Why and how your contractor should be insured

They say the devil is in the details. That is certainly the case when it comes to remodeling. An example is in the insurance area. It’s probably common knowledge that the contractor or contractors you hire to remodel your home must be insured, but what exactly does that mean?

Contractors carry 3 basic types of insurance: vehicle, liability, and workers’ compensation.

Everyone is familiar with the first type. Covers accidents to persons or things caused by or involving the insured’s vehicle(s). Your contractor should carry this type to protect you in case they injure you, someone else, or property with a vehicle they own, control, or use while at home doing the work you hired them to do.

The second type protects you in case you, someone else, or your property is damaged as a result of the contractor’s work. This would cover such things as a piece of furniture that the contractor breaks while he is working on his home. It would cover medical costs if your child steps on uneven debris that is left lying around the workplace. It would cover a neighbor who trips and falls on a wire or hose and is injured.

If there is an incident, the contractor may choose to pay the cost themselves rather than file a claim against your insurance and risk an increased premium. Regardless, the insurance must be sufficient and current to cover any reasonably possible accidents.

It’s also a good idea to be familiar with your homeowner’s policy regarding these types of incidents and you can always ask your agent if the certificate of insurance provided by the contractor is adequate for your protection.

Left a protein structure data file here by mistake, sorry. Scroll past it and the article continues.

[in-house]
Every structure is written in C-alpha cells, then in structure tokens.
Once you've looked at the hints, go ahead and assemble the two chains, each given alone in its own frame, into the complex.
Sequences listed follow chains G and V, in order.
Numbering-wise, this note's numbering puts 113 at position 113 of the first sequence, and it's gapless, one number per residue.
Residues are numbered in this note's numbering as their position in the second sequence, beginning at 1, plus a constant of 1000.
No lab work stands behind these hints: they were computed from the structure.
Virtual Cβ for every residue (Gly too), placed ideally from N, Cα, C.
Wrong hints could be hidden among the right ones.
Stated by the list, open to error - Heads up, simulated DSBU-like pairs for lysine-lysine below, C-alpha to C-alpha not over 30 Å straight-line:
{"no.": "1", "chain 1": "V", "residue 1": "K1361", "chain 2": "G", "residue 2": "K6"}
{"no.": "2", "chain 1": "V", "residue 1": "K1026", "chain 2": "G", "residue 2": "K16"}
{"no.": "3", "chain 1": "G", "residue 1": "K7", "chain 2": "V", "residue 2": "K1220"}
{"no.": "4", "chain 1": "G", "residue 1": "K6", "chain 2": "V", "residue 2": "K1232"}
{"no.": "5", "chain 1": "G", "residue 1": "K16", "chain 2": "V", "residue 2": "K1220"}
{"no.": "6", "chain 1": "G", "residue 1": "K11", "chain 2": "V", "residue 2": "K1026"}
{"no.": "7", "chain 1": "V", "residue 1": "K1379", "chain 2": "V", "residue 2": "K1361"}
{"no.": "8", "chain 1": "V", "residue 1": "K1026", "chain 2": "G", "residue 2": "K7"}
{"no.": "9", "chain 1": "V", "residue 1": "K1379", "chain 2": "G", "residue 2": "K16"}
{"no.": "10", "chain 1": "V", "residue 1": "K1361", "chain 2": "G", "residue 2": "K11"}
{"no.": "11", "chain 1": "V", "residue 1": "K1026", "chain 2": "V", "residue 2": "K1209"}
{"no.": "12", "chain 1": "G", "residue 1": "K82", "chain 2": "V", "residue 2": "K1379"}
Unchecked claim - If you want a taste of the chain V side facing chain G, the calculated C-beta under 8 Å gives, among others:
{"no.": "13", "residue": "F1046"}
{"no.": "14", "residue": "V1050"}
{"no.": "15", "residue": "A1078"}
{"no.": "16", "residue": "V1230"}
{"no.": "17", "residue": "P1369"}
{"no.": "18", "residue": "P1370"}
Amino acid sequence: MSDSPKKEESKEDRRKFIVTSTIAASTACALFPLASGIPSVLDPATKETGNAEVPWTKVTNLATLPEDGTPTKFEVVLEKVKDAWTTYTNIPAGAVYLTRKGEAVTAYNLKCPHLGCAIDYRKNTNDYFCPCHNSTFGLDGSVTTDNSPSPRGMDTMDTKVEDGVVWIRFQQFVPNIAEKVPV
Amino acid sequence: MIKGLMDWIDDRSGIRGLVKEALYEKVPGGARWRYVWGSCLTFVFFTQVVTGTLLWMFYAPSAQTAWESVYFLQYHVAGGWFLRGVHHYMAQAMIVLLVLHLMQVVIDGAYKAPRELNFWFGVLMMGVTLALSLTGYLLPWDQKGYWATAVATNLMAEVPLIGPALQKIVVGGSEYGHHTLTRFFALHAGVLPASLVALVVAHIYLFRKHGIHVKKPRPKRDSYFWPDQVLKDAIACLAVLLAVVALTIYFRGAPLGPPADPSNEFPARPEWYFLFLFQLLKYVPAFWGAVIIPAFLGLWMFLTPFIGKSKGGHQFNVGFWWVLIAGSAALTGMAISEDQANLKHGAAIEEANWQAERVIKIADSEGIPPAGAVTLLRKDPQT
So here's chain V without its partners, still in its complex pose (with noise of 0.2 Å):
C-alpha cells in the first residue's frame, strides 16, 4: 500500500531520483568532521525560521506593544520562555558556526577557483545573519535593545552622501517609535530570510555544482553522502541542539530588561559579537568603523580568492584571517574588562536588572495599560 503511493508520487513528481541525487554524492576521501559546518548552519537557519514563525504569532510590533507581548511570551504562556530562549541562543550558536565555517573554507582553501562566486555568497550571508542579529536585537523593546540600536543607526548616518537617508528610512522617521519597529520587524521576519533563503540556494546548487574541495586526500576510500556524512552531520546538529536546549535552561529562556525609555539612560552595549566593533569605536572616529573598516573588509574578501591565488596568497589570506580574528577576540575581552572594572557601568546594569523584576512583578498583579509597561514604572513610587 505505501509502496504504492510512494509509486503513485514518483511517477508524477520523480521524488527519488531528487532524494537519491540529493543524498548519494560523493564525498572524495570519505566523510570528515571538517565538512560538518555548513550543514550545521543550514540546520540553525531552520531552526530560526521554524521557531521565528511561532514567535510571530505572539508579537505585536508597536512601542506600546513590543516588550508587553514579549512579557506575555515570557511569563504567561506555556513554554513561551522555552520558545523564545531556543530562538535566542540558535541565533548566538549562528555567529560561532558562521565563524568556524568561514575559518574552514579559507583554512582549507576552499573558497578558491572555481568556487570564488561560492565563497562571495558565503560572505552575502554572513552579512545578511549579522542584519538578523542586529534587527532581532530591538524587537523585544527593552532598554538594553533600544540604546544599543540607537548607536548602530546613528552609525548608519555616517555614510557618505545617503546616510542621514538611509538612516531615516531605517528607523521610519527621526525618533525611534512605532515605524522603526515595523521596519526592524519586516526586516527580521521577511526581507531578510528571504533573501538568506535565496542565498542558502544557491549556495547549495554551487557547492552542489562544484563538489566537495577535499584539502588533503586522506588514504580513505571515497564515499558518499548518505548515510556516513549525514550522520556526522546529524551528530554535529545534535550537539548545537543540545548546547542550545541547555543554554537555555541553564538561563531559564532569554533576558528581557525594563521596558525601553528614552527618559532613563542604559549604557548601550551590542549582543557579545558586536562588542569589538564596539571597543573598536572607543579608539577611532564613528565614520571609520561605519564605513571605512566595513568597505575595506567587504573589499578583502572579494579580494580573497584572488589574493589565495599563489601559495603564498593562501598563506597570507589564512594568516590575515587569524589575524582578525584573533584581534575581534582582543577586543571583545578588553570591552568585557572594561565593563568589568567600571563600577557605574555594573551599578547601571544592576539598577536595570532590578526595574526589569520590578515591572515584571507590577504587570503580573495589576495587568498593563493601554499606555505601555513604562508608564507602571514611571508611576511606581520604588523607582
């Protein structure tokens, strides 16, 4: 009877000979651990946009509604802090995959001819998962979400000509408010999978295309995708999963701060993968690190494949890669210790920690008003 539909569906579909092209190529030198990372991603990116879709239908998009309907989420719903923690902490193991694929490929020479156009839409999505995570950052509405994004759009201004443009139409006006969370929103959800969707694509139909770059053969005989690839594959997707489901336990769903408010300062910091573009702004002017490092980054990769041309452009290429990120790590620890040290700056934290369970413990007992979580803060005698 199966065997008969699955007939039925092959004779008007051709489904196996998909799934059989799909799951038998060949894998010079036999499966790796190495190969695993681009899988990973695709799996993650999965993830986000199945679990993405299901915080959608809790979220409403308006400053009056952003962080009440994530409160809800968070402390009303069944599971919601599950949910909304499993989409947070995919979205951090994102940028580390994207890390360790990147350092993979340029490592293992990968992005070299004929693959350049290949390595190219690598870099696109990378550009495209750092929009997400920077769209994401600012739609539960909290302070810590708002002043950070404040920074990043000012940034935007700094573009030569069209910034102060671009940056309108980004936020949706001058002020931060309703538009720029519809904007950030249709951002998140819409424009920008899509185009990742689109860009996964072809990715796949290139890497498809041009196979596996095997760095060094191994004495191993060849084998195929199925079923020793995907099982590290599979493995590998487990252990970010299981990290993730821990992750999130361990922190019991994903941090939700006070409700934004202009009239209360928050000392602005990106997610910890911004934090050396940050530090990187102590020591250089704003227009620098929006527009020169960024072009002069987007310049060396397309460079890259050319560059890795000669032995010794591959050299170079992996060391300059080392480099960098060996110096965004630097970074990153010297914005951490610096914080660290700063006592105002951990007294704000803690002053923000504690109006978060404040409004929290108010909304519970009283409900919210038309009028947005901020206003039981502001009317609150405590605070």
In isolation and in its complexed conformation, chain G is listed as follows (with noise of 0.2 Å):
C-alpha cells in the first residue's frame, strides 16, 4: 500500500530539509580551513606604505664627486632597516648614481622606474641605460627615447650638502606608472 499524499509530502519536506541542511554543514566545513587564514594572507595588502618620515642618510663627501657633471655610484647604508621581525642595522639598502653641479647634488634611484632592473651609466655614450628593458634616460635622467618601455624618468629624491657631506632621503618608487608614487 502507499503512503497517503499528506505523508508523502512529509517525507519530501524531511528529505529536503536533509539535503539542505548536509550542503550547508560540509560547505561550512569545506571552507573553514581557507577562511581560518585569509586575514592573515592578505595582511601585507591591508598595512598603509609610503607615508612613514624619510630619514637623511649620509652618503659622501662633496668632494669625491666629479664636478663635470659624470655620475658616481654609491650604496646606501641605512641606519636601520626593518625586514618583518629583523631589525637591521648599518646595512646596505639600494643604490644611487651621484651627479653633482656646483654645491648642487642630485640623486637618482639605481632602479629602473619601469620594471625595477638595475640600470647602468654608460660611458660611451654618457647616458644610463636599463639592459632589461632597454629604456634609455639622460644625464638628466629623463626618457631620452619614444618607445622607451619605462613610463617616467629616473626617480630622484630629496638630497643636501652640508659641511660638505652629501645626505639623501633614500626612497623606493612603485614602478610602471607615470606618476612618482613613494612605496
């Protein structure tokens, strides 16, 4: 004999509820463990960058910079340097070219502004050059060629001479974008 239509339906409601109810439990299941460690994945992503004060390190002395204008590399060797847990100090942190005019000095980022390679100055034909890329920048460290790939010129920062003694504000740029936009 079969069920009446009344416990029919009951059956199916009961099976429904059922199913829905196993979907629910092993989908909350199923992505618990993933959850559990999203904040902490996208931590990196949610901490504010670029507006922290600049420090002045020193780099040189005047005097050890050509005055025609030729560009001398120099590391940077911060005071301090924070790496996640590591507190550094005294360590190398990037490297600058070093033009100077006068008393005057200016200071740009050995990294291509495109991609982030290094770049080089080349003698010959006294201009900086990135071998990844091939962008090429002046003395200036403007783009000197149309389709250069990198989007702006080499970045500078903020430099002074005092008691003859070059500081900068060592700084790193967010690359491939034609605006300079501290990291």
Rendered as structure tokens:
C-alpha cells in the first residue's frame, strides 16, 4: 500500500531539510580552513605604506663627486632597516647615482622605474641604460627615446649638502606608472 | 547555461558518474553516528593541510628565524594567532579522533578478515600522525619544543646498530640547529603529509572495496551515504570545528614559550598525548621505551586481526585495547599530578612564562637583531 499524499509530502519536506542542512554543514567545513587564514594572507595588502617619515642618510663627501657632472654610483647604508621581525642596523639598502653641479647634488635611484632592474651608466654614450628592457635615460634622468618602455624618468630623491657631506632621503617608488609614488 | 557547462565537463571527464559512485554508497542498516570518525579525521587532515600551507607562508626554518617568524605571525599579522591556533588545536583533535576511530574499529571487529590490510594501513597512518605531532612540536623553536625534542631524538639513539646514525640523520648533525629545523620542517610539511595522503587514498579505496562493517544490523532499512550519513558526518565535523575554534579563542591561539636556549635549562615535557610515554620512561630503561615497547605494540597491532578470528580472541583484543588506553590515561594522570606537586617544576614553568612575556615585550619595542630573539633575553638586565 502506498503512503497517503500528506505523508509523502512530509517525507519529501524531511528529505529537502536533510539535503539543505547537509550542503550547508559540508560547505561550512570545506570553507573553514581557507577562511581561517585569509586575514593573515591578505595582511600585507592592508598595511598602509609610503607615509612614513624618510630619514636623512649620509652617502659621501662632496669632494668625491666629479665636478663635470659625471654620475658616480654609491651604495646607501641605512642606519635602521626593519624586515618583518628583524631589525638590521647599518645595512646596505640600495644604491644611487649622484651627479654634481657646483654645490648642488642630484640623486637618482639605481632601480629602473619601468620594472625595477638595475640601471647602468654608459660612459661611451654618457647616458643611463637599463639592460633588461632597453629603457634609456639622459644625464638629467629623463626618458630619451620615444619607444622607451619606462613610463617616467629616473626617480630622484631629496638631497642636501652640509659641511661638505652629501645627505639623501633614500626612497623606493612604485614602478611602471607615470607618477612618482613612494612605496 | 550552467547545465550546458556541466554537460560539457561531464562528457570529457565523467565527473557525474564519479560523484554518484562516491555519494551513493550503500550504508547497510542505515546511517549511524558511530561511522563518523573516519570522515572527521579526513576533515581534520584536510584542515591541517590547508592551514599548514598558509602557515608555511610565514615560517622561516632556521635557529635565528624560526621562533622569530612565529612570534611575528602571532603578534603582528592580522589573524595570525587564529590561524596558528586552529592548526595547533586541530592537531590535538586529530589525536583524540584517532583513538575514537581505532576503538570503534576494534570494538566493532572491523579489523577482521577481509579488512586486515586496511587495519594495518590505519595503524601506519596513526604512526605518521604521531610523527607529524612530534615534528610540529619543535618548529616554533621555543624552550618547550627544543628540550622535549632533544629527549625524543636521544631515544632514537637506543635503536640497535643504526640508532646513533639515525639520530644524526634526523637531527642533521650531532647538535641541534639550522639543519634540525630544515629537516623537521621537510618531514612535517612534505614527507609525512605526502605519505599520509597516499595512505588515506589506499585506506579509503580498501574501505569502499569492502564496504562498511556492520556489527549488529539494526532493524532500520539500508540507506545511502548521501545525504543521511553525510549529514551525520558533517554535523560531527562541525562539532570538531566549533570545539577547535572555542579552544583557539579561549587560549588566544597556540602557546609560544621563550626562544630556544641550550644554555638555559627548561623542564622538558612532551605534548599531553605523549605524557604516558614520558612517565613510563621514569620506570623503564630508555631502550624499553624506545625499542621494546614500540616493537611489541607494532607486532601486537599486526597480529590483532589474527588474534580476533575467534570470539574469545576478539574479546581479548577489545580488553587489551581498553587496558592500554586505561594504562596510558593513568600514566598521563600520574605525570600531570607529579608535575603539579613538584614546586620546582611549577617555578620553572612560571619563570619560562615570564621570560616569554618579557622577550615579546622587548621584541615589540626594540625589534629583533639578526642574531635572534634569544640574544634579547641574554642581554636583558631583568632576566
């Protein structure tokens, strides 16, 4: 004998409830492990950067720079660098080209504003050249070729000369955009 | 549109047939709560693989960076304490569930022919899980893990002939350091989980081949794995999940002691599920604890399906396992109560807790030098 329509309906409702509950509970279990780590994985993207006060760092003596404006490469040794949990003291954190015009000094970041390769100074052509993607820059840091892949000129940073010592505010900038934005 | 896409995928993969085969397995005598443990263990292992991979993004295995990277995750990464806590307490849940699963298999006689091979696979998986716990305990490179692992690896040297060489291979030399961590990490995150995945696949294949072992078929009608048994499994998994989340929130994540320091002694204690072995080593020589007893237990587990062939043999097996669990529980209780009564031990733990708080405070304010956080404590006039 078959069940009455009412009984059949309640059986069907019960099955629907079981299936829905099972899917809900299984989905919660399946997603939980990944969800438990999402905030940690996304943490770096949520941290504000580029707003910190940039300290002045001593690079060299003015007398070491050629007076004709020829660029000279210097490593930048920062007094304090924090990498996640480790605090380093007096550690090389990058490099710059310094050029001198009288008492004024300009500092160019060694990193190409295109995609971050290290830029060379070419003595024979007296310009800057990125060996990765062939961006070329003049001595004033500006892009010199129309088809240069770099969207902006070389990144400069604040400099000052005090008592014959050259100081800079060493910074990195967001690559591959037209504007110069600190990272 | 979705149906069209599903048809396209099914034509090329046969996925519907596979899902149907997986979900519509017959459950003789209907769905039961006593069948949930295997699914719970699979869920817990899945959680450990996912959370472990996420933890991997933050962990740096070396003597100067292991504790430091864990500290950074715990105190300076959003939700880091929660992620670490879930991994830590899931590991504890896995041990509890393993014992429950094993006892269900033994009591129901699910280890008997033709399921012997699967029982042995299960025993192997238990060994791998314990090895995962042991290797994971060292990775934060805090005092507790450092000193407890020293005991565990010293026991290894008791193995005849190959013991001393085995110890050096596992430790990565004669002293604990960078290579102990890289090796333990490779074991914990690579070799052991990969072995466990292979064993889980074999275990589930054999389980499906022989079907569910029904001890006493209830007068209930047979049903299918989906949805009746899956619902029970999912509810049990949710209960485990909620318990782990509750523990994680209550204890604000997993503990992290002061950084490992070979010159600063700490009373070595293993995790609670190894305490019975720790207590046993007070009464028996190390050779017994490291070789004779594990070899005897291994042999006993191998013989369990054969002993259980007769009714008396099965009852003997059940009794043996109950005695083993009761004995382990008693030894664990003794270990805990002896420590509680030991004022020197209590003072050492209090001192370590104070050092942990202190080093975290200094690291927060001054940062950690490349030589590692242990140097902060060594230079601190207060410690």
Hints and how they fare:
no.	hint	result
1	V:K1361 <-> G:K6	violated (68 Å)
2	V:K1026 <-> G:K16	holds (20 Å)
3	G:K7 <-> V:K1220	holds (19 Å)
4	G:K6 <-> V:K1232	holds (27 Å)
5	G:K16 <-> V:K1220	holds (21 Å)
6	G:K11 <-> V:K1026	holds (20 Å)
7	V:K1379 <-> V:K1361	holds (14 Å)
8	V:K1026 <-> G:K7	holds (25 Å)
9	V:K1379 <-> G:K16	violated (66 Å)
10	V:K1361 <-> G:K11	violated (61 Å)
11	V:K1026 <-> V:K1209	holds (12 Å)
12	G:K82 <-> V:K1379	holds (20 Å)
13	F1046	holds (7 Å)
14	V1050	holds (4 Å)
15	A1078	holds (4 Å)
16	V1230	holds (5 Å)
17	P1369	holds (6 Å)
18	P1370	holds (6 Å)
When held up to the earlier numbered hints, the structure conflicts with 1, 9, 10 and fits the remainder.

The third type of insurance is worker’s compensation. This type of insurance is meant to cover any injuries sustained by someone who works in your home. This type is a bit more complicated.

In most states, business owners are not required to carry workers’ compensation insurance. If you are injured on the job, you and your homeowner’s insurance company could be sued.

If the contractor has a workers’ compensation policy, who does it cover? Is the owner covered if he is working on the job? What about the other workers who may or may not be your employees? The time to make sure you’re adequately protected is before the contract is signed and work begins. All of this only becomes important, of course, if there is an incident. However, you have nothing to gain, but everything to lose if something drastic happens and you are responsible.

It is always best to consult with an insurance and loss prevention expert in the area in which you live.